School of Social and Political Science

John Nott

Job Title

Research Fellow

Photo
Photograph of John

Room number

2.27

Building (Address)

Chisholm House

Street (Address)

High School Yards

City (Address)

Edinburgh

Country (Address)

UK

Post code (Address)

EH1 1LZ

Research interests

Research interests

I am currently a Research Fellow on Lukas's Engelmann's ERC-funded project 'The Epidemiological Revolution. A History of Epidemiological Reasoning in the Twentieth Century.'

(ERC Starting Grant, January 2021 - December 2025)

Project Website: The Epidemy / Twitter: EpidemyERC

Epidemiology has historically been a niche field in the medical sciences, often side-lined by laboratory scientists and clinicians as a weak and inferior science. However, over the twentieth century, the field and its experts have gained unprecedented authority and influence. Epidemiologists have won the trust of policy makers and the general public to define public health crises, such as infectious diseases, chronic conditions and 'unhealthy' lifestyles. We seek to understand how epidemiologists have built their arguments, how they define epidemics and what makes this kind of reasoning unique. My role in the project is to consider how epidemiologists collected scattered information from different sources into coherent and comparable datasets which could offer insight into patterns of disease.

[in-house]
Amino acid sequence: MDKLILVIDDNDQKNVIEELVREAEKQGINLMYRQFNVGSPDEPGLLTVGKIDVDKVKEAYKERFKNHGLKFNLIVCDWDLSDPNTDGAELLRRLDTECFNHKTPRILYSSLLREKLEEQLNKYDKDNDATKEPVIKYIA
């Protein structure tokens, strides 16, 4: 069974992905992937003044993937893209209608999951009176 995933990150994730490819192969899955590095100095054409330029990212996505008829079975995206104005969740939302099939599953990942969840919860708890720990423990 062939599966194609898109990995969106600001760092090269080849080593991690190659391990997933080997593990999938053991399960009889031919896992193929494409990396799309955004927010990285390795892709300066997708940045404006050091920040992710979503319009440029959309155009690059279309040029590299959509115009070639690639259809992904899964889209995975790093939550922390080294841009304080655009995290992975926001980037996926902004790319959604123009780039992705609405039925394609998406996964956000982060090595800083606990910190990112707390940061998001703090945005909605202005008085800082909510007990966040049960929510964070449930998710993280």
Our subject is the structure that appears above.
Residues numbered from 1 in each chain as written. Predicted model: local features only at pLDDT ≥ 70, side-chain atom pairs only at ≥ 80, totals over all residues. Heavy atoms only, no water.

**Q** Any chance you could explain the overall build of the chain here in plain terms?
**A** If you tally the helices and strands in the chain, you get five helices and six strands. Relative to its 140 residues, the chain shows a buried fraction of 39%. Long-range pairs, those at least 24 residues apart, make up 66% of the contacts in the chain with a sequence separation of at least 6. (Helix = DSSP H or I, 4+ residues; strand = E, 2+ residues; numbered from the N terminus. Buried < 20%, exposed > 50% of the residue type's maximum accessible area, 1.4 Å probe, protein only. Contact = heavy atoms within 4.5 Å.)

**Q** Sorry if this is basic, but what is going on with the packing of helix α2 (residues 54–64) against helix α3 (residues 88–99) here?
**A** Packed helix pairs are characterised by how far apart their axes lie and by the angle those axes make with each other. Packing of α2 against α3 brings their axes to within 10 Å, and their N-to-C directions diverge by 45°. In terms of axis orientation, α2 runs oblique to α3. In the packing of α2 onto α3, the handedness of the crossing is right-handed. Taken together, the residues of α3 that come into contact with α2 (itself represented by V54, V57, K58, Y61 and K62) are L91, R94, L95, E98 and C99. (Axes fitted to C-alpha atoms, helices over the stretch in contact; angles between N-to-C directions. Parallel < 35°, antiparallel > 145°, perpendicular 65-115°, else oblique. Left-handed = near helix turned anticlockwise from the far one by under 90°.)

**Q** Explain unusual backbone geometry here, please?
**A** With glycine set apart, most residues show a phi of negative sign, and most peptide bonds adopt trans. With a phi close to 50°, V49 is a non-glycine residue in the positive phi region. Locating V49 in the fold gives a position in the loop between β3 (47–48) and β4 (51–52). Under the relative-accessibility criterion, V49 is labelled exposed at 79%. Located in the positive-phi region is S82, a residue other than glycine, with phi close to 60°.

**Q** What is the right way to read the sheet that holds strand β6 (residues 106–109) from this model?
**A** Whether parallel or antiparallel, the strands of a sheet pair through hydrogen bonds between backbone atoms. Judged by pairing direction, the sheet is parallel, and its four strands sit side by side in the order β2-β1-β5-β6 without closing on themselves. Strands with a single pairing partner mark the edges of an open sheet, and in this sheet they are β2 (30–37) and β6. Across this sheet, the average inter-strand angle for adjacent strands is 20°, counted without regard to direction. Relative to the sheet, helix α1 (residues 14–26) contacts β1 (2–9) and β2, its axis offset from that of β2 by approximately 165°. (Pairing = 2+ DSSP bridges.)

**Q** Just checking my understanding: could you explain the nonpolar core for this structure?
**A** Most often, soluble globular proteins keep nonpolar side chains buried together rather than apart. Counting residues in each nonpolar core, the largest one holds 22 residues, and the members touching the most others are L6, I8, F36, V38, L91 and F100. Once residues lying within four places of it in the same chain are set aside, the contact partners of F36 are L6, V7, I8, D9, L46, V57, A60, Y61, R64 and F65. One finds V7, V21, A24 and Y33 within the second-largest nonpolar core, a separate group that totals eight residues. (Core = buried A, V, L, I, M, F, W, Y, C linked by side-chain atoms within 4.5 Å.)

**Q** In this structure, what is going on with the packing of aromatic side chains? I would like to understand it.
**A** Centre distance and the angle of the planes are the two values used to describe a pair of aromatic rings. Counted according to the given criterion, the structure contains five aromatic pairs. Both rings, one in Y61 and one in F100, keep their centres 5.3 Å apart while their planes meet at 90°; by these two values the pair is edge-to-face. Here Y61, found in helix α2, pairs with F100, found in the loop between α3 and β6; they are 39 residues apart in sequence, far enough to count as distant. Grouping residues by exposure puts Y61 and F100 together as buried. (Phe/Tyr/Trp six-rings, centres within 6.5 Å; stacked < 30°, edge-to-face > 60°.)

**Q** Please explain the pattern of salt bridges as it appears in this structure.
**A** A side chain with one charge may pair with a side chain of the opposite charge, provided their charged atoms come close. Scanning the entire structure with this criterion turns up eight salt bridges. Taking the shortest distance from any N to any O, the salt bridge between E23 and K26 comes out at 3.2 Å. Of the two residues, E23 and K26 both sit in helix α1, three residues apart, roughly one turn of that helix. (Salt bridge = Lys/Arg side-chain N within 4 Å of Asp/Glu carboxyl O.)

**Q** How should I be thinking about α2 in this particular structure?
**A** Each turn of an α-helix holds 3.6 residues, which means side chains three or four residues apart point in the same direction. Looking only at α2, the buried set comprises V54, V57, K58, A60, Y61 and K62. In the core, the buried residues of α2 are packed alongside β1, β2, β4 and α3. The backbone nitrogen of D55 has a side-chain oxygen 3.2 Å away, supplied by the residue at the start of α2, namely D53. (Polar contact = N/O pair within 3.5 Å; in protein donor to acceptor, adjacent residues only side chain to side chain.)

Background

My background lies in the medical and economic history of contemporary Africa, but my interests have grown to include interests in medical anthropology, medical epistemology, Science and Technology Studies, demography, and epidemiology. 

I was trained at the University of Leeds, where my PhD focussed the history of nutrition and nutritional medicine in Ghana since the end of the nineteenth century. A monograph derived from this project is forthcoming. Some of my other work on the history of nutrition can be found here.

Prior to coming to Edinburgh, I was based at Maastricht University as a Research Fellow on Anna Harris' ERC-funded project, Making Clinical Sense, a historical-ethnographic study of the technologies used medical education. Our edited collection, Making Sense of Medicine: Material Culture and the Reproduction of Medical Knowledge, will be available in Autumn 2022.